2 sentenced in Jeannette arsons
Two men pleaded guilty Monday to several of 20 arson fires that were set in Jeannette over four years, putting residents on edge until six suspects were arrested.
Jeffrey Robert Tierney Jr., 24, of Jeannette was sentenced to serve one year, less a day, to two years, less a day, in prison and three years' probation by Judge Debra Pezze.
Tierney entered a general guilty plea in connection with setting four fires.
“These were extraordinarily foolish acts,” Pezze said.
Also pleading guilty was Christopher Allen Jones, 23, of Manor. He was sentenced to three years of intensive supervision and six months under house arrest with electronic monitoring on charges of arson and conspiracy for an Aug. 29, 2008 fire on Chambers Avenue.
That was the first in the string of arsons that plagued the city.
Jones had agreed to testify against Tierney, who pleaded guilty to starting fires on Aug. 29, 2008, and Sept. 3, 2009, at row homes on Chambers Avenue and Nov. 22, 2011, and Feb. 16, 2012, both at 420 Division St.
Prosecutors were seeking a term of incarceration in a state prison for the fires that caused “much pain, angst and fear among the residents of that city,” Assistant District Attorney Leo Ciaramitaro said.
Authorities arrested six people in mid-September, alleging their involvement in nine of the 20 arsons.
Local police were assisted by federal agents from the Bureau of Alcohol, Tobacco, Firearms and Explosives.
Jeannette fire Chief Joe Matijevic said no other suspicious fires have occurred since the arrests were made.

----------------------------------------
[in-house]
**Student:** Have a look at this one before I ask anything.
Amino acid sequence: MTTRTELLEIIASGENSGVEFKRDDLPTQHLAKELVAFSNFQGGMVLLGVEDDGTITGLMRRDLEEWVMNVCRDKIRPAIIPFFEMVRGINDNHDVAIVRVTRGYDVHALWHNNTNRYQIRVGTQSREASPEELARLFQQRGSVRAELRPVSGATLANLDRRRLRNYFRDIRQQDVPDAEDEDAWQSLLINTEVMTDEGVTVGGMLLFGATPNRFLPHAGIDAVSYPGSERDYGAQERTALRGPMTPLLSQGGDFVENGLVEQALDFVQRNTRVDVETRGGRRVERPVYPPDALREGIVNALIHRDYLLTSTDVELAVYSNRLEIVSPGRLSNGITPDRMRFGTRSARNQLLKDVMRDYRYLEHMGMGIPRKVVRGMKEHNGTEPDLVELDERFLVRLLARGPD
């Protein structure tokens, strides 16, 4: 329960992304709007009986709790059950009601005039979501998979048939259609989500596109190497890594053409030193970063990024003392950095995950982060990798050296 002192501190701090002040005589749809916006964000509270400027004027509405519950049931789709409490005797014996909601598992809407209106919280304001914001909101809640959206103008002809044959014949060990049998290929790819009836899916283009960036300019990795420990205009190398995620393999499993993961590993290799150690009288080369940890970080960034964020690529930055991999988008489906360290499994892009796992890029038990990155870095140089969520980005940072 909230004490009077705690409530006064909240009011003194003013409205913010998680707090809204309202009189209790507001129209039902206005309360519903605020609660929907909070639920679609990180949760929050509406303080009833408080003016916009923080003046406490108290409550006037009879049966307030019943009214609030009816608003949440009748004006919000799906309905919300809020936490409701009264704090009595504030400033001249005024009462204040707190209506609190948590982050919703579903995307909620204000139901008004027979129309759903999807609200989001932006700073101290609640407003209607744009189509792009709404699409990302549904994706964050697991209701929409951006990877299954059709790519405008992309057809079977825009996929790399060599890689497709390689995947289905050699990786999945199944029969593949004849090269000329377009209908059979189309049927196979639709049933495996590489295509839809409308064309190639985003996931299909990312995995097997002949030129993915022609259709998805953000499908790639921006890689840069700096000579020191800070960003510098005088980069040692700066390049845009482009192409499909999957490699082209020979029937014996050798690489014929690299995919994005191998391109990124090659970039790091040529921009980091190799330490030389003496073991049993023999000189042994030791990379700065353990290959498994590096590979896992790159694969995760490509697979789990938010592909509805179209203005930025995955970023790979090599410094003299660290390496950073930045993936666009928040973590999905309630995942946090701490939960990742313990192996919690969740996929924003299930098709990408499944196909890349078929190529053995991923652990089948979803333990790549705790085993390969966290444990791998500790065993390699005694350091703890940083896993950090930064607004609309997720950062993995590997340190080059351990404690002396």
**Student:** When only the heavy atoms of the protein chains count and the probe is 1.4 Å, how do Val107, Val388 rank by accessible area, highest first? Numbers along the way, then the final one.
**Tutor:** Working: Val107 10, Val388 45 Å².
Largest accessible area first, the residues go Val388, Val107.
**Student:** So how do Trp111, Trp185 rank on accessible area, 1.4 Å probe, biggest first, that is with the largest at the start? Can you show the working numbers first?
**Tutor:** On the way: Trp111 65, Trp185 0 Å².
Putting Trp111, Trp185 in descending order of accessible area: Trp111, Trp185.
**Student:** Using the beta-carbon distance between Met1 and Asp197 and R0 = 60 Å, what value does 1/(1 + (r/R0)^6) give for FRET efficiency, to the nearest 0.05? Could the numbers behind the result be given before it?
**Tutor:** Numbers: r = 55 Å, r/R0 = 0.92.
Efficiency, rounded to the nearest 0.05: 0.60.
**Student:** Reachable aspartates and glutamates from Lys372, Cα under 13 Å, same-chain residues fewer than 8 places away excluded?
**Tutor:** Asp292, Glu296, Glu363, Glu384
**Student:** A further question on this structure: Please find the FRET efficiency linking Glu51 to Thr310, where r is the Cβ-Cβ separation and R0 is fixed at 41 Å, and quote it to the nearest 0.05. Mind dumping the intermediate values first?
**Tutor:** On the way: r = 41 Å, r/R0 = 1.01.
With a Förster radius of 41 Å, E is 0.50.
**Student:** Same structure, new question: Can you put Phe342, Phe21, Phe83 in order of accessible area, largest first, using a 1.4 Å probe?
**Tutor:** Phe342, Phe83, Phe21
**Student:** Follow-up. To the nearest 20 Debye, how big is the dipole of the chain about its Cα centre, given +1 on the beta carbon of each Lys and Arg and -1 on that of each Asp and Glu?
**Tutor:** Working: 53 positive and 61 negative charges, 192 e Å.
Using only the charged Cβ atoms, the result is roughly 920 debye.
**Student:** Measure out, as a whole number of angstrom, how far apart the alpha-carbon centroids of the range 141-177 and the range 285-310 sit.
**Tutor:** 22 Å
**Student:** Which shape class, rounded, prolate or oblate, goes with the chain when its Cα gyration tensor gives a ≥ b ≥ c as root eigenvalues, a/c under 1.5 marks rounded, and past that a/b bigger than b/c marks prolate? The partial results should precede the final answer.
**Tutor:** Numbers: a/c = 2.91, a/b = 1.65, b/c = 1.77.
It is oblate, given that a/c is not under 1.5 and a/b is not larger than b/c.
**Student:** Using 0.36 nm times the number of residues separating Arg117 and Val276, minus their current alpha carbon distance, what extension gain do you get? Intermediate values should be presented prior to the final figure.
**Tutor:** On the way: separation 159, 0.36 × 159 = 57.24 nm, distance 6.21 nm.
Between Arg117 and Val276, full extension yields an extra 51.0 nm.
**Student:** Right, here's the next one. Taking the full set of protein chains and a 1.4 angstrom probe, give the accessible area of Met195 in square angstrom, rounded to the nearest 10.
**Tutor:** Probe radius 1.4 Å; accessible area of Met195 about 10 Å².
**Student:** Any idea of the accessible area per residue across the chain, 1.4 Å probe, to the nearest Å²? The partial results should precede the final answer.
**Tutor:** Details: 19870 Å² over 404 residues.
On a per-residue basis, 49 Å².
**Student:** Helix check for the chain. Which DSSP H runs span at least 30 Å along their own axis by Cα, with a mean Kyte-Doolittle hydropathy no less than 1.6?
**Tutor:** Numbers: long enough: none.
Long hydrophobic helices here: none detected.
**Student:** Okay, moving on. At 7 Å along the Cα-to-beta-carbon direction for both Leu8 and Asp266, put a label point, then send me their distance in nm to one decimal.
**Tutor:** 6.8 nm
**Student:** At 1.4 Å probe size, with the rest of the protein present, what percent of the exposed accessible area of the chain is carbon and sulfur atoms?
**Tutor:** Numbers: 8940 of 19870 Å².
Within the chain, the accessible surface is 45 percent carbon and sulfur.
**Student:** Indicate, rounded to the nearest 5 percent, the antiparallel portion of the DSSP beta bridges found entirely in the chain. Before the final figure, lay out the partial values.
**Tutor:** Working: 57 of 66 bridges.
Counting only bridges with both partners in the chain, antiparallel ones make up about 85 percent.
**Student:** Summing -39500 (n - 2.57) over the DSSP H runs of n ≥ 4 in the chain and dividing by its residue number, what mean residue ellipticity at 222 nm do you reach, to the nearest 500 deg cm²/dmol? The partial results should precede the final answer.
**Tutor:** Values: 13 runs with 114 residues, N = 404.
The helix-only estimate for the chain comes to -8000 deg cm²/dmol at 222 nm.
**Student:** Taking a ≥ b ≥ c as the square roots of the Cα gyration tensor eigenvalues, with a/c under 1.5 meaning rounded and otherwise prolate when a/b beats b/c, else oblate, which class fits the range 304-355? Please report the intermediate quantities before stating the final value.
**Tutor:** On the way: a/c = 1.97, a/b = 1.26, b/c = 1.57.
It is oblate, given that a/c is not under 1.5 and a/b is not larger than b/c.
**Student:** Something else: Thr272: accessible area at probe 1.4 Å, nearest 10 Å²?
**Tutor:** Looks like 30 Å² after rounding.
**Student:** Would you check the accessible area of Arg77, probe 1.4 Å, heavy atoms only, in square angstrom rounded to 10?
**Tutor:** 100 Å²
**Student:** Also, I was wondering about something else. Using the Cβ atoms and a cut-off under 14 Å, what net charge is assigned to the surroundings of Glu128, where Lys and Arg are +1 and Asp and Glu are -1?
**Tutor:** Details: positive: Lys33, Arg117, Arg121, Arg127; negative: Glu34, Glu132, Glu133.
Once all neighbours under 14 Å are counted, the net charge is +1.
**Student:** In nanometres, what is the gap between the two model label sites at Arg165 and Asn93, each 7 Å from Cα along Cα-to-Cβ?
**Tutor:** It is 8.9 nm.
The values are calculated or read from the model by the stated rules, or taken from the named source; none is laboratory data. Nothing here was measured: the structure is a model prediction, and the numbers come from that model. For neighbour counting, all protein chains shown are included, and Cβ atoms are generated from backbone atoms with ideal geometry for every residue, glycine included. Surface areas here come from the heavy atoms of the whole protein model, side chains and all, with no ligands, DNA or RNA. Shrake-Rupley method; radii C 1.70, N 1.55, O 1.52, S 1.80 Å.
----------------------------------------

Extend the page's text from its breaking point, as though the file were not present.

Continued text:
Tierney's mother, Michele Horne, called his sentence “fair,” but said her son did not commit three of the arsons with which he was charged.
Pezze told Tierney that he was lucky “no one was hurt or seriously injured.”
“I didn't think about that,” Tierney replied.
Jones's attorney, Tim Andrews, argued that his client was “involved with some wrong people” at the time of the 2008 fire, but he is now the “sole provider” for his girlfriend, their son and her daughter with a mechanic's job in Irwin.
“When he was 18, yes, he did some dumb things,” Andrews said.
Pezze agreed. “Now you live a life of dignity with a job and a family and I wouldn't want to take that away from you,” she told Jones.
Three more suspects in the arsons are awaiting action in their cases:
• John Raymond Horne, 22, of Jeannette faces arson charges in connection with four fires on Sept. 3, 2009, along Chambers Avenue; Aug. 24, 2010, at 212 N. Fifth St.; Nov. 22, 2011, at 420 Division St.; and Feb. 3, 2012, at 324 Chestnut St., where a firefighter was injured. A trial is set to begin Monday for Horne, who is Tierney's half brother.
•Richard Allen Adair Jr., 28, of Jeannette faces arson charges for three fires — on Aug. 24, 2010, at 212 N. Fifth St.; Oct. 19, 2011, at 416 S. Sixth St.; and Nov. 18, 2010, at 118 N. Fifth St. He will seek to have his bond reduced in a May 13 hearing.
• His brother, Roger William Adair, 27, of Jeannette faces arson charges in three fires — on Sept. 3, 2009, along Chambers Avenue; Feb. 3, 2012, at 324 Chestnut St., where a firefighter was injured; and Nov. 18, 2010 at 118 N. Fifth St. A September trial is scheduled. The Adairs are brothers.